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An Old Farmer

January 3, 2020

Two or three times a week, he gets on the microbus heading into town, with his two churns of milk. One is bigger than the other, but since he appears my own age, both must feel really heavy for him to bring down to the roadway and hoist into the combi. Usually, somebody helps him position the churns as he gets on, as I did this morning.

This area is still cattle country, and cows in the road are a traffic hazard that has caught many an unwary outsider who’s forced to screech to a halt after taking a bend too confidently.

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Cows here wander the roadways, like these I photographed near the entrance to the village. Drivers from elsewhere don’t expect to encounter them, and often have to brake hard when they do.

But every month, I see another plot of land has been hived off a field for someone to build a house, so the available pasturage is shrinking. There’s grazing up in the hillside meadows, where few people want to build, but even there the foundations and walls are arriving in a few places.

I figure, then, that he’s part of a dying breed. Many people comment on the waning of farming here, as the rewards for the effort keep diminishing. Some still like the independence of it, but once the next generation gives up on it, there’s no turning back. Land is sold, either for houses or, in some cases, consolidation under corporate ownership.

Not long ago a friend and I, out hiking, came across a cornfield that took ten or fifteen minutes to get right around. It was clearly not part of a traditional smallholding. And there are media stories about a problem in the tequila industry, where young men no longer want to harvest the blue agave plants for the usual wages.

The older man can’t make much money off his milk. His jeans and shirts are ragged, and even if they’re just work clothes, there are ranchers round here who are better dressed for their jobs. He looks like he barely makes ends meet. I don’t know the math of the milk business, or the capacity of his milk churns, but he only has a dozen gallons or less to take to the dairy each day. That he doesn’t own even a beat-up pickup for transportation is telling.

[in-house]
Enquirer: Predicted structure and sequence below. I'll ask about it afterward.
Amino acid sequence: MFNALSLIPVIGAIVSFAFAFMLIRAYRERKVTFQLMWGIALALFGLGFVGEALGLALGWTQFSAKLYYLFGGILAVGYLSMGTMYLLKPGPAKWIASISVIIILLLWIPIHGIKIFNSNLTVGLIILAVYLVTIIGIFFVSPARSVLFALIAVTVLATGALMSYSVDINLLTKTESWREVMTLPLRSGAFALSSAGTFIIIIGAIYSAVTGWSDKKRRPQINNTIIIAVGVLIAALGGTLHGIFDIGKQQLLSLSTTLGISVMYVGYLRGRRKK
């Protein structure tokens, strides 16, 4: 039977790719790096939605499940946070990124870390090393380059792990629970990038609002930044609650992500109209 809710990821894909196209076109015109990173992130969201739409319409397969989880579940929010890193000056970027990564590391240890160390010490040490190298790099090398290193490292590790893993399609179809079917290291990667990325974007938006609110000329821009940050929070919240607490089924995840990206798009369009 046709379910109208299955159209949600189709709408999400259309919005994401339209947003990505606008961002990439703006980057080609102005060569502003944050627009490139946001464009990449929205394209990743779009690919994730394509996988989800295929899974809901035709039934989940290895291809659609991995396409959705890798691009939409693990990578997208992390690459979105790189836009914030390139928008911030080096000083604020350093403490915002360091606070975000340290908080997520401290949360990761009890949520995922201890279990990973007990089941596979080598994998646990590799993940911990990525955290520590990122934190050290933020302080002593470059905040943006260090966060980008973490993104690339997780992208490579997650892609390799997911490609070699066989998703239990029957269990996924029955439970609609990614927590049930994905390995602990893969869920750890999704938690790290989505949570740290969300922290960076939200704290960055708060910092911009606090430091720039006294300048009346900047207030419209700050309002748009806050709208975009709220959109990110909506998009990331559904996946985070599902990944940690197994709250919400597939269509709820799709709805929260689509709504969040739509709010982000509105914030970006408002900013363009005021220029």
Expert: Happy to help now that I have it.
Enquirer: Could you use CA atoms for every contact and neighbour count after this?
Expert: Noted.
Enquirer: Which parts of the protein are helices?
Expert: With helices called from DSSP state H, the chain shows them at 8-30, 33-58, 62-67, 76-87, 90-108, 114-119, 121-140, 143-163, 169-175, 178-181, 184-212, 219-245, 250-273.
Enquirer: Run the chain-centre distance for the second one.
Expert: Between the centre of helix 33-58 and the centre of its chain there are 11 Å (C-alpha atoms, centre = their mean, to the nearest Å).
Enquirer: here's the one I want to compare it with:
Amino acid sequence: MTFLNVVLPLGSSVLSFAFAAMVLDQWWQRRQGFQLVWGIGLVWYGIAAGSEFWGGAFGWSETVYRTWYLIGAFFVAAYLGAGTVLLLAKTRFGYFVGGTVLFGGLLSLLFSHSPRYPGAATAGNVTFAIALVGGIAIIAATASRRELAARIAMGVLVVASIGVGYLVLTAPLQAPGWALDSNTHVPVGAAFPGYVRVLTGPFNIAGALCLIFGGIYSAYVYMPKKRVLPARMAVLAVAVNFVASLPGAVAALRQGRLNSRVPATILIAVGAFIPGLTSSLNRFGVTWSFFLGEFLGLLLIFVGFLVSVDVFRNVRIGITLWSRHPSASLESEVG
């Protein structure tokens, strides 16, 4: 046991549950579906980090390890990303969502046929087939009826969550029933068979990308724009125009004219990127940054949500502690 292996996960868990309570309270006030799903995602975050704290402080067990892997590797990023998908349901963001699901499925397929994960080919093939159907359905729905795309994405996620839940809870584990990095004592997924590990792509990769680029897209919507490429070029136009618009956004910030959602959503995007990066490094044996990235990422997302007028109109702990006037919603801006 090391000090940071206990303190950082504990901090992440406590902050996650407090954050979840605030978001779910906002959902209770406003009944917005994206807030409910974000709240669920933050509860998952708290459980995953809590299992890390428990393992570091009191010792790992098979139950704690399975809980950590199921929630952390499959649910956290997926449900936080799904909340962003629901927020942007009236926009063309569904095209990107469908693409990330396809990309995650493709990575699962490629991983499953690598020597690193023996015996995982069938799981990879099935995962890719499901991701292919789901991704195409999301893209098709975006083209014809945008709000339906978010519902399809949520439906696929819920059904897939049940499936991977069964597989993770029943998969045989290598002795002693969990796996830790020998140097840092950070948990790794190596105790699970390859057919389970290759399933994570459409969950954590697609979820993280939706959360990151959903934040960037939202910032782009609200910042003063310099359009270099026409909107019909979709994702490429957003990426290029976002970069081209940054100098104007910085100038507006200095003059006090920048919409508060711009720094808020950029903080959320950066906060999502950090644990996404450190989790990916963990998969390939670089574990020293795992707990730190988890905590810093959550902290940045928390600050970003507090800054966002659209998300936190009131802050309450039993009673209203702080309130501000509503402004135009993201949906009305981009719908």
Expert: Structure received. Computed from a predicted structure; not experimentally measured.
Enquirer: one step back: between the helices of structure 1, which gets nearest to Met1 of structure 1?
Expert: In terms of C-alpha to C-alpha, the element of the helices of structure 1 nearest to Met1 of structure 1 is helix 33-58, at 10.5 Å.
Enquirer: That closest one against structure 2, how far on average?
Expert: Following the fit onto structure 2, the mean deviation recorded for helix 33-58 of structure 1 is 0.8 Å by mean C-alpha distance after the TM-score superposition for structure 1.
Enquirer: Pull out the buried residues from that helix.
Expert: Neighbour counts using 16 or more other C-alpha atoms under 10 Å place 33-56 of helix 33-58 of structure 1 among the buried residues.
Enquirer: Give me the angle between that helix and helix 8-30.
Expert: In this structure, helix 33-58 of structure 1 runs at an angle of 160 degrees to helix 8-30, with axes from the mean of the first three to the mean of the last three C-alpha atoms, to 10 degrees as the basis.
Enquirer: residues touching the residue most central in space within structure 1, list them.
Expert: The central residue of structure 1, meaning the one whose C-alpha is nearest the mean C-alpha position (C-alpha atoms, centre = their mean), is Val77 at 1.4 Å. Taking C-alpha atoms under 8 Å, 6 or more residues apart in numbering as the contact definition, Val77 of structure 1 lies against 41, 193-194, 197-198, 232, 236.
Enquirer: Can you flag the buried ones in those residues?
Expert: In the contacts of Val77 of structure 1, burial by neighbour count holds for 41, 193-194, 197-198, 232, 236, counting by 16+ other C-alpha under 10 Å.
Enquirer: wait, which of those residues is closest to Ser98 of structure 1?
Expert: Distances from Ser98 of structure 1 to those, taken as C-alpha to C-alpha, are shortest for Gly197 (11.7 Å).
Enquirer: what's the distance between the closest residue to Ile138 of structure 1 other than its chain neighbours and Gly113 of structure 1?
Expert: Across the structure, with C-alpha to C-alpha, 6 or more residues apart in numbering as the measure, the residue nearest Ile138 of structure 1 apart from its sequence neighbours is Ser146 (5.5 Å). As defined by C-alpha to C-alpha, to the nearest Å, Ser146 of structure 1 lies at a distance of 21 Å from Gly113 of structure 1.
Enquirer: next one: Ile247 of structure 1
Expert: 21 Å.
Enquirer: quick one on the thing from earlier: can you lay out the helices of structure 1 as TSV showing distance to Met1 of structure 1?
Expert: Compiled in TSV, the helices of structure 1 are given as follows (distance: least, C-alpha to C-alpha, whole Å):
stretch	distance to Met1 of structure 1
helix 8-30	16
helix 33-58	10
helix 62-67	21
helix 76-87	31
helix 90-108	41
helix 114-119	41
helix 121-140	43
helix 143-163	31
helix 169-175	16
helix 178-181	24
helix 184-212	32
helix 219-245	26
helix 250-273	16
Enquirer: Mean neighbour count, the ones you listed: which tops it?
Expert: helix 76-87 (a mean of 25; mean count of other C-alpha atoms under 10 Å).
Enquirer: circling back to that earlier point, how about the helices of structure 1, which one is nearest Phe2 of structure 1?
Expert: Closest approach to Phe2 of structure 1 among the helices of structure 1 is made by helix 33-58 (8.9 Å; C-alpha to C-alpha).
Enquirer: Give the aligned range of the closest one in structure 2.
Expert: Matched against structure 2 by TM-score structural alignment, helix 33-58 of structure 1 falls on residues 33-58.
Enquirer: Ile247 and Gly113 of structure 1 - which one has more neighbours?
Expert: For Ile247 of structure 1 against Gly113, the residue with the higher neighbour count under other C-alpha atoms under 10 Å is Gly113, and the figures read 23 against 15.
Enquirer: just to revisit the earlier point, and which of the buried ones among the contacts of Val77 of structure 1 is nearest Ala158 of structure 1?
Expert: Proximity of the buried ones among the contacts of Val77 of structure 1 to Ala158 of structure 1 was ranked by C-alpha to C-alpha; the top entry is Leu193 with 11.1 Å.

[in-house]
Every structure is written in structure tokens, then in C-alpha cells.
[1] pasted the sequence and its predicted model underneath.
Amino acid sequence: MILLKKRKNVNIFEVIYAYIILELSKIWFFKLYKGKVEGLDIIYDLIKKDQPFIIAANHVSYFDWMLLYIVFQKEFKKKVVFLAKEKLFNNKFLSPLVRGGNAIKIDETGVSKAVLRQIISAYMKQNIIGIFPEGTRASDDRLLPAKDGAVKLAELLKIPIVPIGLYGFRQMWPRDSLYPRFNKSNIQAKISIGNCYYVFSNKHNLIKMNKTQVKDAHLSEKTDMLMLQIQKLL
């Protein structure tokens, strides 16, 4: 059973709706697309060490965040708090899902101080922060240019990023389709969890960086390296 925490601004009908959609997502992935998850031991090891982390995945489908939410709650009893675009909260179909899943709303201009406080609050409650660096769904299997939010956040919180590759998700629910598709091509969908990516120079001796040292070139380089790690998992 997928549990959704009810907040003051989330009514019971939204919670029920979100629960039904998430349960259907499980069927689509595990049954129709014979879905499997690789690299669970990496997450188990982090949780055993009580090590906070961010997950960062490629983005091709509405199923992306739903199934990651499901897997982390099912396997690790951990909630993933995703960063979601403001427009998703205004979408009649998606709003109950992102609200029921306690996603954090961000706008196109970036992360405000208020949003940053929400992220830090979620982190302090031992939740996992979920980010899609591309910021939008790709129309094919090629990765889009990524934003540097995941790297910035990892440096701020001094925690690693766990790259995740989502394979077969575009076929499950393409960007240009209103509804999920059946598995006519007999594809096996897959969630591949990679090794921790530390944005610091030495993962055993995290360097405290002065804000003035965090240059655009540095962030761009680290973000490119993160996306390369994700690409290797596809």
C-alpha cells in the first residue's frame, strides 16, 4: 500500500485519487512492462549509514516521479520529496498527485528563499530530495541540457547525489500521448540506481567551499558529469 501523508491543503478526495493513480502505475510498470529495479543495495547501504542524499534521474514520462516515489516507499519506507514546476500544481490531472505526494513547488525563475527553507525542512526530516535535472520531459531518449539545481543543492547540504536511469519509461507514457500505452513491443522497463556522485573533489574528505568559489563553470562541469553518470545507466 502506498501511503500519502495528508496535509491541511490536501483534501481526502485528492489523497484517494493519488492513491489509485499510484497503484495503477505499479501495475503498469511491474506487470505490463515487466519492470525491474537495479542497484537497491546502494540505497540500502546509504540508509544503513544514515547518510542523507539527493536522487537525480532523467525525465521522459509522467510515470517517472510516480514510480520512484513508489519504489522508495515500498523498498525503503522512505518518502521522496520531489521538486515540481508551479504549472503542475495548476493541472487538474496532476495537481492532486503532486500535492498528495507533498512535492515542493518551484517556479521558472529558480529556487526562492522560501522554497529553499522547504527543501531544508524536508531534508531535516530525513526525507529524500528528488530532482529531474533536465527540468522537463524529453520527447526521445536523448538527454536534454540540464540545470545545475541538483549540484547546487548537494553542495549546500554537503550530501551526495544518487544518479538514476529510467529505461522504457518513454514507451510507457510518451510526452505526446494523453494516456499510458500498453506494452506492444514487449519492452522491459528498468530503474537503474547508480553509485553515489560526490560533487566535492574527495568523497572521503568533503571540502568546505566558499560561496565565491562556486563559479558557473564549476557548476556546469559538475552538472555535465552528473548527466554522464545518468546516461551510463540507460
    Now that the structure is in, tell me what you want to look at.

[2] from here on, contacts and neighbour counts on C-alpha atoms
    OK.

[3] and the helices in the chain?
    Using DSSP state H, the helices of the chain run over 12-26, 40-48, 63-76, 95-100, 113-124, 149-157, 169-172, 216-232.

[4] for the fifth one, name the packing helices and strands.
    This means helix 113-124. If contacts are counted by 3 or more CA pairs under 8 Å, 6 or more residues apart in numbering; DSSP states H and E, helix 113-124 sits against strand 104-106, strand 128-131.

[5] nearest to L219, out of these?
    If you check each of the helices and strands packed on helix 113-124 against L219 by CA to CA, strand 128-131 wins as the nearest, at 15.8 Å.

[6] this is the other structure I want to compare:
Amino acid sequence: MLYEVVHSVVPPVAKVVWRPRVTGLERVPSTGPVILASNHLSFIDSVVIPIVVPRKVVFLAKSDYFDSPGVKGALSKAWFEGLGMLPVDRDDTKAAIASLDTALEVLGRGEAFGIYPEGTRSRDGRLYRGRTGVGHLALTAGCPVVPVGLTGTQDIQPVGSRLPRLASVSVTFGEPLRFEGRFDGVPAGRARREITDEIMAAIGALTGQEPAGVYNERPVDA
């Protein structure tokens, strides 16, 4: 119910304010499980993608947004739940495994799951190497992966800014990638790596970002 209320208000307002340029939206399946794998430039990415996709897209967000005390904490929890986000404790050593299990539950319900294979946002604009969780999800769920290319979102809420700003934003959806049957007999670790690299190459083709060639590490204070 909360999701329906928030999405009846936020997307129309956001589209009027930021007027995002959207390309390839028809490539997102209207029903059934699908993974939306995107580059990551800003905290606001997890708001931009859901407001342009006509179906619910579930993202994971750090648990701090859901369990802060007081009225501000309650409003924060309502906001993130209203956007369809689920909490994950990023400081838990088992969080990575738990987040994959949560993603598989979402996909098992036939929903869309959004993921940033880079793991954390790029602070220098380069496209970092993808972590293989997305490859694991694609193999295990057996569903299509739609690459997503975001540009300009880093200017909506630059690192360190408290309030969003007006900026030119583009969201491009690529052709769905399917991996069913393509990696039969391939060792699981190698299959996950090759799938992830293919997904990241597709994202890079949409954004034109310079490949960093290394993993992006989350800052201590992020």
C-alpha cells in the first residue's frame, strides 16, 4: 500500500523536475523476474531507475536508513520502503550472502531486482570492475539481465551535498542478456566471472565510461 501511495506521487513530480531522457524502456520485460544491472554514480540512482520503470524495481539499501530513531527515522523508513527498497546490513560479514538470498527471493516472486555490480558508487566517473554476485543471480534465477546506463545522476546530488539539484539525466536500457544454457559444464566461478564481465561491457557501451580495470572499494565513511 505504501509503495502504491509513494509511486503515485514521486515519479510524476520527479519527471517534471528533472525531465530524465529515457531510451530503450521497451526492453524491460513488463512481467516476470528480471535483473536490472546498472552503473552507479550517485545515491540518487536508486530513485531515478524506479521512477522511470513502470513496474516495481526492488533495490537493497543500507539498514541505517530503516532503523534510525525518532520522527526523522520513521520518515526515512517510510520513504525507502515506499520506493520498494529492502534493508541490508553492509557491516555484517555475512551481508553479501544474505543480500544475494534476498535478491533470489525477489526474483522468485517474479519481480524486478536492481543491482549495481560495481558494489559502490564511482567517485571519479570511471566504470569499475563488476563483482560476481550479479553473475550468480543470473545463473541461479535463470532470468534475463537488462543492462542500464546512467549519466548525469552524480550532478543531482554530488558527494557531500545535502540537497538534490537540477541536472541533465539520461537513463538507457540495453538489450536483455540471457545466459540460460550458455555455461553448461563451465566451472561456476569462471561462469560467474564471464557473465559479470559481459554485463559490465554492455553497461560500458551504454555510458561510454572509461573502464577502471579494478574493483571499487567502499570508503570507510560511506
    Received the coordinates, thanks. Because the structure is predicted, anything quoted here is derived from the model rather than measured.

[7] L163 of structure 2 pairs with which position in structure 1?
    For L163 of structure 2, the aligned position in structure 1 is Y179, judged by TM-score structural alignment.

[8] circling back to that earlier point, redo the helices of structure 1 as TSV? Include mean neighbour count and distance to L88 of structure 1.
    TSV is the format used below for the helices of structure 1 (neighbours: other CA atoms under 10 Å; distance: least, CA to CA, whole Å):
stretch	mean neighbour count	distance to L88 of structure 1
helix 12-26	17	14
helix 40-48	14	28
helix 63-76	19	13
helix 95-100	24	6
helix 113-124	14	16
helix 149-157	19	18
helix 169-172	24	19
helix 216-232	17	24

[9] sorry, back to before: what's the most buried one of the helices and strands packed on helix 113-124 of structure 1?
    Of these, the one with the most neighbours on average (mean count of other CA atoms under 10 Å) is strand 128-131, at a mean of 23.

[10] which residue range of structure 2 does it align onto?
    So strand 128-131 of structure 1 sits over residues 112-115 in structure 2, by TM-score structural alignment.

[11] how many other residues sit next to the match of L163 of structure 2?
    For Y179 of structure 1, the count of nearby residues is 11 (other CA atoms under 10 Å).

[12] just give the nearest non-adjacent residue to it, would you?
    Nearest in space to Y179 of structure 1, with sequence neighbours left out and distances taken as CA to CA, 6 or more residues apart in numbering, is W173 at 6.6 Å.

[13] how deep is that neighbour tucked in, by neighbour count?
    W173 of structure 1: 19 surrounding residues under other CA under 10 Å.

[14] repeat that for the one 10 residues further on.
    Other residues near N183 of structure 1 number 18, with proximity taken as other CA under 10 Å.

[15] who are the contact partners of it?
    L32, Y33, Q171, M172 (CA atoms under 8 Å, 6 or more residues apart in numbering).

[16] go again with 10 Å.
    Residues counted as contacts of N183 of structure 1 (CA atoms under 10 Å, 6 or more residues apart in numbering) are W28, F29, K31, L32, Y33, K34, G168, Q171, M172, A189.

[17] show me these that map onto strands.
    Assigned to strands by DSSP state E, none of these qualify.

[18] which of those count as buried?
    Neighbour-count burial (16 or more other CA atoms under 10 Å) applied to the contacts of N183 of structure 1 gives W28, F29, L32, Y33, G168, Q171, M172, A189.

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Milk churns – just in case you’ve never seen one, or have forgotten what they look like.

He’s a tall man for a Mexican, and thin, but shy, and doesn’t look to engage the other passengers, even the occasional friends he greets. I’ve never felt I could ask him personal questions. He is traditionally religious, raising his battered hat as we pass a church or roadside shrine. My assumption is that he’s been a dairy farmer for so long, he has no idea of what else he could or should so. He’ll simply continue as long as he can.

But as with so many people here, I wonder what he makes of the changes that have happened over the decades. His generation grew up with their parents and grandparents telling them stories about the 1910 Revolution, in houses without electricity or running water. The road to Amatlan was paved around fifty years ago, around the same time that cables on poles brought electrical power and the first pay telephone to the village. TV followed later in the 1970s, though not many people could afford even a second-hand set until the 1980s. Everything happened thirty or forty years later than it did elsewhere in North America.